SEPTEMBER 1, 2003
HOW TINY IS TINY?
Little Living Things Made Visible. Imagine a flea on a basketball. It would be rather difficult to see. But if the basketball is increased to the size of the earth, 7,900 miles in diameter, and the flea enlarged in the same proportion, 58 million times, what would you be able to see? The flea, 1.5 millimeters or 1/20 inch long would cover an area of 2,400 square miles - the size of Delaware.
Enlarged the same way, a single cell of a mammal would be as large as a city the size of Albany NY - about 10 square miles. The nucleus in this cell would cover City Hall Park in NYC - about 300,000 square yards. Also within this cell, the tiny spiral DNA which is necessary for the reproduction of cells, would appear as a very long, narrow footpath in the park - 6 inches wide and a little more than a half mile long. An ordinary molecule of water, so tiny to begin with, would still be quite small even after it was blown up. It would be like a large drop of water on a tile, or about 0.15 square inch.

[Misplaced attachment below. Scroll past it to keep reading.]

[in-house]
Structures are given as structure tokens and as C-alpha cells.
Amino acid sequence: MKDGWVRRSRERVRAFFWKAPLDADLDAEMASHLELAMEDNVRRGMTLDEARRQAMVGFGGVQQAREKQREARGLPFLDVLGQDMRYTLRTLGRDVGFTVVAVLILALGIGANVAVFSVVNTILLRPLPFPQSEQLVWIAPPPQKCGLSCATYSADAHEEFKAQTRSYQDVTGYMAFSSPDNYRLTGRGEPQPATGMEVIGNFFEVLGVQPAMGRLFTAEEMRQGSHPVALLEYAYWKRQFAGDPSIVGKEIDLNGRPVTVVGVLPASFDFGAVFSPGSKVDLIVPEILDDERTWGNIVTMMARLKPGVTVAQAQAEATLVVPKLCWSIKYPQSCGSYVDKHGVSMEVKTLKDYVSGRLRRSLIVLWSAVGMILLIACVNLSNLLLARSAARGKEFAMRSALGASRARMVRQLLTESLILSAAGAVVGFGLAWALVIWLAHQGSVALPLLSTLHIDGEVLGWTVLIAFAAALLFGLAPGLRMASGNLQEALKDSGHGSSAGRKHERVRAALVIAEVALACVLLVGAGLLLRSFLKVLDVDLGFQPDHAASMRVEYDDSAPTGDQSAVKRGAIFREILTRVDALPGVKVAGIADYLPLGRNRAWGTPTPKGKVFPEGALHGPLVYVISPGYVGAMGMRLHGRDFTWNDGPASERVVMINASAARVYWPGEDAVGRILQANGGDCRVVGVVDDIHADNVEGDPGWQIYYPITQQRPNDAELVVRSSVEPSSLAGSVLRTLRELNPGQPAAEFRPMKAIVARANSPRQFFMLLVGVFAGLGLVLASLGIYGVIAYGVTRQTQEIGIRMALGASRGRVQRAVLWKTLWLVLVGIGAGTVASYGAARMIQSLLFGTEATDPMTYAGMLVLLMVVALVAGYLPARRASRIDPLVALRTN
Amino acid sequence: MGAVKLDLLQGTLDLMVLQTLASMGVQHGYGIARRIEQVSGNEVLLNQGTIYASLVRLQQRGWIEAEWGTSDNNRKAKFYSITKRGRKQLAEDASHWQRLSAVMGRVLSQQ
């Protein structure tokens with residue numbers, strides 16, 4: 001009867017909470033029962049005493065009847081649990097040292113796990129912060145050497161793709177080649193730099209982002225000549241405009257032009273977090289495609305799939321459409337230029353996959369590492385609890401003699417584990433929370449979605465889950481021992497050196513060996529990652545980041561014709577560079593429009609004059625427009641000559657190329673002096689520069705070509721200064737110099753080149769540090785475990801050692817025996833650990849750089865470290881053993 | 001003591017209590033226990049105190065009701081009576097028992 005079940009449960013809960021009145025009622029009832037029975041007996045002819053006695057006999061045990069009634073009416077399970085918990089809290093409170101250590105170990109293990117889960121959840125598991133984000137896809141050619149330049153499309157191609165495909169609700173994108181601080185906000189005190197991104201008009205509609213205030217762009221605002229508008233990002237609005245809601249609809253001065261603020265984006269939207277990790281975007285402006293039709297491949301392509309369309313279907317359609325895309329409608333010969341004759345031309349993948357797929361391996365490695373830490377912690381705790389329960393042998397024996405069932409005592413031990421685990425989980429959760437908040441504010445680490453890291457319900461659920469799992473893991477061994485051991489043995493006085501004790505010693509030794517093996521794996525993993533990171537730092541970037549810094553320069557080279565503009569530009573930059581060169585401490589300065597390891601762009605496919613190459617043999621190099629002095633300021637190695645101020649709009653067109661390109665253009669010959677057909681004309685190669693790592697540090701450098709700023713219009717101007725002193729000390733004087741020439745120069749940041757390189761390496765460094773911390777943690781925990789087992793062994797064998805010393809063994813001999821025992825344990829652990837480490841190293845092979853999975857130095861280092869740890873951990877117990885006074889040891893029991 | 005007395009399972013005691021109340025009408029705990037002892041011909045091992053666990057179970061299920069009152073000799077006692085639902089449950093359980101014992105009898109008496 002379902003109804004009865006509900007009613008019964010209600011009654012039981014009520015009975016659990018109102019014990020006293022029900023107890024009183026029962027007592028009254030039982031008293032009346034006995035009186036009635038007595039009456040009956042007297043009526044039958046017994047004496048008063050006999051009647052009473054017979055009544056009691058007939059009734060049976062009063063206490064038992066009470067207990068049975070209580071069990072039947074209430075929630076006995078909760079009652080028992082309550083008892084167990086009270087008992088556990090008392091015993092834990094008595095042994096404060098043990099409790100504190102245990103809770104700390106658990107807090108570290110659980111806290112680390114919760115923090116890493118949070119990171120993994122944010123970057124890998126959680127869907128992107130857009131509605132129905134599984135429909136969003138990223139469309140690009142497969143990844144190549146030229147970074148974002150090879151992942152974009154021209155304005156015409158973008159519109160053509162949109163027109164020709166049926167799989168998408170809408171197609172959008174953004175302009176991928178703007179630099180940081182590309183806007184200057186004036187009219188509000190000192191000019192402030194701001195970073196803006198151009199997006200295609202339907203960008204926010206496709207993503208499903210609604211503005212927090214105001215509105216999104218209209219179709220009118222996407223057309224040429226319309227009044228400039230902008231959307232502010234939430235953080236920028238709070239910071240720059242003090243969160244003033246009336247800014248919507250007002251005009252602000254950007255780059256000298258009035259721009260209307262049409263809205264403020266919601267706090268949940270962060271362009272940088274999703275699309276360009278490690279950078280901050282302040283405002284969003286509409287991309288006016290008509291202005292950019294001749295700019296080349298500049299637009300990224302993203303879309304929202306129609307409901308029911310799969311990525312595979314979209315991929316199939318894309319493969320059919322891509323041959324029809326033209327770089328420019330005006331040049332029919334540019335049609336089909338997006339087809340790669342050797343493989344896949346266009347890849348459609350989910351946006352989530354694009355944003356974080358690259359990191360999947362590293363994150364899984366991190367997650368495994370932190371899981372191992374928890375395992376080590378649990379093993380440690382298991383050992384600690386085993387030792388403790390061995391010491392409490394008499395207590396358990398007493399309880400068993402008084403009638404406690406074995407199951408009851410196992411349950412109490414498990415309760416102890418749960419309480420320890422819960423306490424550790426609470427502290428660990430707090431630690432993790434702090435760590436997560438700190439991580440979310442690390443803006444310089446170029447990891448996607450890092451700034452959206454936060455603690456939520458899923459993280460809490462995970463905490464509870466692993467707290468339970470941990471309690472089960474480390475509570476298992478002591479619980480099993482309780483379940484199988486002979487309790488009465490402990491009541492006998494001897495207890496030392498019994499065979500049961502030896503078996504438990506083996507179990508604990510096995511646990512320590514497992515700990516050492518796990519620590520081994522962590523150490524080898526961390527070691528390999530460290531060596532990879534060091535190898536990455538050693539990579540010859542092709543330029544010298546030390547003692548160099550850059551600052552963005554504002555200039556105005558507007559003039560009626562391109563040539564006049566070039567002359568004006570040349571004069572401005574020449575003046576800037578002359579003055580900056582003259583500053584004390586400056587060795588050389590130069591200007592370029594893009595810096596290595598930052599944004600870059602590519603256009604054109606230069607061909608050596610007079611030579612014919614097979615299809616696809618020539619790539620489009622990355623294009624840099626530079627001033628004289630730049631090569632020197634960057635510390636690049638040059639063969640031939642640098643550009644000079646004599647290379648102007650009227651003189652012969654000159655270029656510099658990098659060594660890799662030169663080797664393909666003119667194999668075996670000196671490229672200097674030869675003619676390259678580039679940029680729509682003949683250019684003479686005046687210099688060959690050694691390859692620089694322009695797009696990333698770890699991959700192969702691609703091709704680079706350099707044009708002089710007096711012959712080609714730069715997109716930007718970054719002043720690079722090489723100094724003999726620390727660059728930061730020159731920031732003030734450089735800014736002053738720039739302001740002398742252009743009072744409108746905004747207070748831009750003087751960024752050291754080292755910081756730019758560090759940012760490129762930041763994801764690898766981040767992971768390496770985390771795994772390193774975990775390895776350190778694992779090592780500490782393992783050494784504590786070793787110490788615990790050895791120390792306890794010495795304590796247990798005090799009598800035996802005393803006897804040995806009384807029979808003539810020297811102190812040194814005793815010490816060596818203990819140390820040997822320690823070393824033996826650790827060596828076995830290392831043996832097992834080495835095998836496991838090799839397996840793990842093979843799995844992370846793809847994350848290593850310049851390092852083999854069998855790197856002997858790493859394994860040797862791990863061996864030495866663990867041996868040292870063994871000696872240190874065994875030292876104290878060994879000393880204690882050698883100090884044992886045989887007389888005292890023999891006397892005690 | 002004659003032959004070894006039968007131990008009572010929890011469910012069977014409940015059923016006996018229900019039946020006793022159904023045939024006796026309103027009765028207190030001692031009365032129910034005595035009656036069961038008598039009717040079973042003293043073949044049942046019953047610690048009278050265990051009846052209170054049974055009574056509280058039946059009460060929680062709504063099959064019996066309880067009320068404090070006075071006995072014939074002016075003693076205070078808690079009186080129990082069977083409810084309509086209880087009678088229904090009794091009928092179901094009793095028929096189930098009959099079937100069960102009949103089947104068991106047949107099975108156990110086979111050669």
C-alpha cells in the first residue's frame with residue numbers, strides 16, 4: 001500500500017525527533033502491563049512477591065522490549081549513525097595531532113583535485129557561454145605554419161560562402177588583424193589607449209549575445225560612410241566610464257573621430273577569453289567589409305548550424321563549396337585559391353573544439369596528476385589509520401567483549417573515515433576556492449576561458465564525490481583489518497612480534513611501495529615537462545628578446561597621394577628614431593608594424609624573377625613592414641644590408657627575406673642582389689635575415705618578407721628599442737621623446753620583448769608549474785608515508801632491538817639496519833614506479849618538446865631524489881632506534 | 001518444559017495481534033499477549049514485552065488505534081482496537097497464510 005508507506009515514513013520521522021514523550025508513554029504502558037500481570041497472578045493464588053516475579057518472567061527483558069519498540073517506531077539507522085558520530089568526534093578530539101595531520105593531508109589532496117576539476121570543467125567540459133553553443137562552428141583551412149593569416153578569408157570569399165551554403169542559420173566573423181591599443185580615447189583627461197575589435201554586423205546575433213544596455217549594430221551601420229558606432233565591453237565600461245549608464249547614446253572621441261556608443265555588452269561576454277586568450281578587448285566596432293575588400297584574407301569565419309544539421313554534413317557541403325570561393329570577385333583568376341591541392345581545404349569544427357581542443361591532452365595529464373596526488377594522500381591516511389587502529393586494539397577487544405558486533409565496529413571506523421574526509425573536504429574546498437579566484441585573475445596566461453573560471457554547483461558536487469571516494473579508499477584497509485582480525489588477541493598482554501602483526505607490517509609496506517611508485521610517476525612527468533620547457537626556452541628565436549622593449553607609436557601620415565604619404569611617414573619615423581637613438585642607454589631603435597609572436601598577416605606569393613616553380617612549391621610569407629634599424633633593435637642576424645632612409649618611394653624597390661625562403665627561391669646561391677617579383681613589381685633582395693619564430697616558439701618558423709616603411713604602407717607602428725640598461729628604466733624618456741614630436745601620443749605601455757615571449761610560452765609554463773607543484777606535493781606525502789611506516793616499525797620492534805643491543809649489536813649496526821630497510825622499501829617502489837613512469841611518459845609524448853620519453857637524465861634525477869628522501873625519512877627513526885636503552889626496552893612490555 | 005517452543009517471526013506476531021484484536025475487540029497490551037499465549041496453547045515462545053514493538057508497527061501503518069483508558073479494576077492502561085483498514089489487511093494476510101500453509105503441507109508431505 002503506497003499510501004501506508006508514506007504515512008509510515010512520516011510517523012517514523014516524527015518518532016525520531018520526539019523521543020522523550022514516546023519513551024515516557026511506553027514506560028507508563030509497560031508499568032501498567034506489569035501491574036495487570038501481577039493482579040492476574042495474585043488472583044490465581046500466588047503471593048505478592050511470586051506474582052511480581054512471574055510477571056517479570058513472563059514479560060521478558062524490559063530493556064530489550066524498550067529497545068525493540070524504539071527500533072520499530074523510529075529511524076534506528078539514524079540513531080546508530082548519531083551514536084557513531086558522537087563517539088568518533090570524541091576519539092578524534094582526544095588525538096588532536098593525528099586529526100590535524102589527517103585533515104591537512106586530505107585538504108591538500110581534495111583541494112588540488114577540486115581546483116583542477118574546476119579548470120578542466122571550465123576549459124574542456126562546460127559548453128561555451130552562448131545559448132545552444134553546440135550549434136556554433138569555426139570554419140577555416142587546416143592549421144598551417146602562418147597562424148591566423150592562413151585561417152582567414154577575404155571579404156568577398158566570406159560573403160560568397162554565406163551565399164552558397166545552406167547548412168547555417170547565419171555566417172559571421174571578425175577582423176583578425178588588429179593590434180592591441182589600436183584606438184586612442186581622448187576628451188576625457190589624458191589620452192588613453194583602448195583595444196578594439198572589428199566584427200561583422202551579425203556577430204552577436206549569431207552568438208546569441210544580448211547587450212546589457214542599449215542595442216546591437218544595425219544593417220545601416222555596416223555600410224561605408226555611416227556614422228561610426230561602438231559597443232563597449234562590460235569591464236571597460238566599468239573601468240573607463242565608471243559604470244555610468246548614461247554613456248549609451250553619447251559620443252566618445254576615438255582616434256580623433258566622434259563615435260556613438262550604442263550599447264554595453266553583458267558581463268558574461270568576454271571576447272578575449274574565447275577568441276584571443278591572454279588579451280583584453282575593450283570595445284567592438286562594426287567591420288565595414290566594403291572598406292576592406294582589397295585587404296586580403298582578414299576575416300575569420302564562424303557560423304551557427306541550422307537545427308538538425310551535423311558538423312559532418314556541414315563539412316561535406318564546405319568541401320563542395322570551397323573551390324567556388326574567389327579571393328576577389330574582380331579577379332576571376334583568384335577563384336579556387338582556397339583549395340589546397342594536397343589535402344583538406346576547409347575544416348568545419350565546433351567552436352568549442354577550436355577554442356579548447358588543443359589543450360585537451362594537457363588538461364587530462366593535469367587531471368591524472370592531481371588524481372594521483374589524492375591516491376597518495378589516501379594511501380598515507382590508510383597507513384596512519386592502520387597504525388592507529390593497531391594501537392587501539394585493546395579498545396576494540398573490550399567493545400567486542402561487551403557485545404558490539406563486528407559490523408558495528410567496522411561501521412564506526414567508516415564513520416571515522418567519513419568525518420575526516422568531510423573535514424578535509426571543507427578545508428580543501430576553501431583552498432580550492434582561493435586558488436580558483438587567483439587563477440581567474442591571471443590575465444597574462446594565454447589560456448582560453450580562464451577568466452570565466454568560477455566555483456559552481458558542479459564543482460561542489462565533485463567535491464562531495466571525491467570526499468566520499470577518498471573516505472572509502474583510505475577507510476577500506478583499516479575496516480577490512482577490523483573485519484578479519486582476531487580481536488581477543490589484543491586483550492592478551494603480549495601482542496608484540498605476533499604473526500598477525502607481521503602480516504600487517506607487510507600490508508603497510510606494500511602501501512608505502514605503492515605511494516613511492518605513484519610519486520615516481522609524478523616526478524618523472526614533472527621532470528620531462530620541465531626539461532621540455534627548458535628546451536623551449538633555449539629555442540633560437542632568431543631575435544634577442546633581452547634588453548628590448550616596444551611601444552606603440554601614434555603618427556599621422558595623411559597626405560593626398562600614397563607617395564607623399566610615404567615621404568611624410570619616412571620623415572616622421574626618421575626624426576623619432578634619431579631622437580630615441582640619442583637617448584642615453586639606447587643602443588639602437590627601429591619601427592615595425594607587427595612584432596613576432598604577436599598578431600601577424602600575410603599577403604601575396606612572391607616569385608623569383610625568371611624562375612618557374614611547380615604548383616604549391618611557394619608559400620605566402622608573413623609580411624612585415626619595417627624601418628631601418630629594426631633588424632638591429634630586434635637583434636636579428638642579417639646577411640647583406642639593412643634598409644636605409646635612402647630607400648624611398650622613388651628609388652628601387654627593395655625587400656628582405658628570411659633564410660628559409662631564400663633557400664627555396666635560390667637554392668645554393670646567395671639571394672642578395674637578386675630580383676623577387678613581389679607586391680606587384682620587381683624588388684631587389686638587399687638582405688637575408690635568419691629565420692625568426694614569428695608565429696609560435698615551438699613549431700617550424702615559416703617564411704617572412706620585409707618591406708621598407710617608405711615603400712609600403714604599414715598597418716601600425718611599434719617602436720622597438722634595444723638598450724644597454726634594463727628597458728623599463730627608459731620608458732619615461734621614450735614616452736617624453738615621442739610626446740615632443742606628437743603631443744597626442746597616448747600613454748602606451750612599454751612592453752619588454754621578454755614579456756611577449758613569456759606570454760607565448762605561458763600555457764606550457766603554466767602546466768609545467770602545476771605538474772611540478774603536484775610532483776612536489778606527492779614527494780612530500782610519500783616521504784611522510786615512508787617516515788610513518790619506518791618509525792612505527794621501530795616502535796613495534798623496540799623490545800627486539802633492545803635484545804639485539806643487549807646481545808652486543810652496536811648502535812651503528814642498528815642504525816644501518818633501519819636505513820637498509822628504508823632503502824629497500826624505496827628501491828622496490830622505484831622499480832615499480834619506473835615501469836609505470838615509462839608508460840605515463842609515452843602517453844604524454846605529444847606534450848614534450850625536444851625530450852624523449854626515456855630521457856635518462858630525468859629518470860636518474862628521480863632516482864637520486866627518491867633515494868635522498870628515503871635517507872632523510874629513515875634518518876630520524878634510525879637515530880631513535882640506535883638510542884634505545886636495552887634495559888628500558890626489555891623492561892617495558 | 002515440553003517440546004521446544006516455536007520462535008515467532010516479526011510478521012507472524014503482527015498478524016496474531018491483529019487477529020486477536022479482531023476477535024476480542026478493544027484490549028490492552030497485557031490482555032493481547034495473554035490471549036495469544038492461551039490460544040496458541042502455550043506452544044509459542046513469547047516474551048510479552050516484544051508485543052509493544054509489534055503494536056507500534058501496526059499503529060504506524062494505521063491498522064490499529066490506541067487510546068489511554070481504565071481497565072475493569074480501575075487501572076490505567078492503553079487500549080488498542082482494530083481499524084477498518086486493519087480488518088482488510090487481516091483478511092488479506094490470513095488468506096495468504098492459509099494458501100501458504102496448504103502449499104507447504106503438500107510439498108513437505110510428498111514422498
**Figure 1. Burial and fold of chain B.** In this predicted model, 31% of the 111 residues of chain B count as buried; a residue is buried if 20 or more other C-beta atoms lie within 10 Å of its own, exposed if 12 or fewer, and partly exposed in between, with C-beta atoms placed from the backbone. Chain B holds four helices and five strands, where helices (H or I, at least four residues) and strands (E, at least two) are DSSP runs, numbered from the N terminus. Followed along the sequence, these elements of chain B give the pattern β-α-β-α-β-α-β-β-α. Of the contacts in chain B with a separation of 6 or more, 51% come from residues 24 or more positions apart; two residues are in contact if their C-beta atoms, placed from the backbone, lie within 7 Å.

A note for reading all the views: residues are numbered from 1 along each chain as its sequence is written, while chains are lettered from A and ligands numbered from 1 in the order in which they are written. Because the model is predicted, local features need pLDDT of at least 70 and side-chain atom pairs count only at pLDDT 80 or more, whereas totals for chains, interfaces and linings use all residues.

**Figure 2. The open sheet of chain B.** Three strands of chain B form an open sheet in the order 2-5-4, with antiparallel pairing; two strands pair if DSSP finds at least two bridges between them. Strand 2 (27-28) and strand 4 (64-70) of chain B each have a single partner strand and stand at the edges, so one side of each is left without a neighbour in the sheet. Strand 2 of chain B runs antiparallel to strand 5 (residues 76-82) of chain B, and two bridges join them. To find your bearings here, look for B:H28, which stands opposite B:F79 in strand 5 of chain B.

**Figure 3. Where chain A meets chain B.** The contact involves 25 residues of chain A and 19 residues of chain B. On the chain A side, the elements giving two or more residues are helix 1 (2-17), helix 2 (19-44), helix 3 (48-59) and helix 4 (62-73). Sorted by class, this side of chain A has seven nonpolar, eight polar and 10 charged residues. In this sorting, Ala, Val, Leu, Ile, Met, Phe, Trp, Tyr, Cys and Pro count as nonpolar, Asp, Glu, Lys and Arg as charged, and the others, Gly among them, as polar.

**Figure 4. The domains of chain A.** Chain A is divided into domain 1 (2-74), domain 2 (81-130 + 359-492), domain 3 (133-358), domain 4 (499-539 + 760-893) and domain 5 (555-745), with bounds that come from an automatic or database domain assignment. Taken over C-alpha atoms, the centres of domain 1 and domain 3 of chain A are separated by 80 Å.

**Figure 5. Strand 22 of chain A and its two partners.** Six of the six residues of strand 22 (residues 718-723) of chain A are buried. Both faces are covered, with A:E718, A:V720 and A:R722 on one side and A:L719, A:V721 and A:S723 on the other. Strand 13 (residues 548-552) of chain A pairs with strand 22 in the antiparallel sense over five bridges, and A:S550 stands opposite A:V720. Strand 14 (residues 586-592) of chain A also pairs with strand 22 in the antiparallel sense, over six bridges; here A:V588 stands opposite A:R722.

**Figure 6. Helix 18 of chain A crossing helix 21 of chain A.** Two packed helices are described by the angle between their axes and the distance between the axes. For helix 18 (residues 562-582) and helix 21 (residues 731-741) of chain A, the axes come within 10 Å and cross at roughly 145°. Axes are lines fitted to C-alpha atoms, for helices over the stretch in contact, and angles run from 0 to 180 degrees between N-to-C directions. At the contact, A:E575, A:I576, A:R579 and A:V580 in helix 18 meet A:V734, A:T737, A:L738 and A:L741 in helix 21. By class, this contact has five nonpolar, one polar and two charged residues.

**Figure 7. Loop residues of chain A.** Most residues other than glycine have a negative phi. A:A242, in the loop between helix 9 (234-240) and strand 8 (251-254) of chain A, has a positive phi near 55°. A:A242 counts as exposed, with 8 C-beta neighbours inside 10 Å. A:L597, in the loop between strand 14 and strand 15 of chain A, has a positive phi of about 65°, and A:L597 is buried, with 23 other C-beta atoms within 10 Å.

When scientists measure bacteria, various kinds of cells, and tiny organisms, they do not use inches or centimeters for they would be too clumsy. What the use is the micron. Look at one millimeter on a ruler and then divide it into 1,000 smaller sections. Each of these smaller sections is a micron. If a micron becomes too large to measure something, then the millimicron is used. There are 1,000 millimicrons in a single micron.
Copyright 2000 Claude Dern, All Rights Reserved
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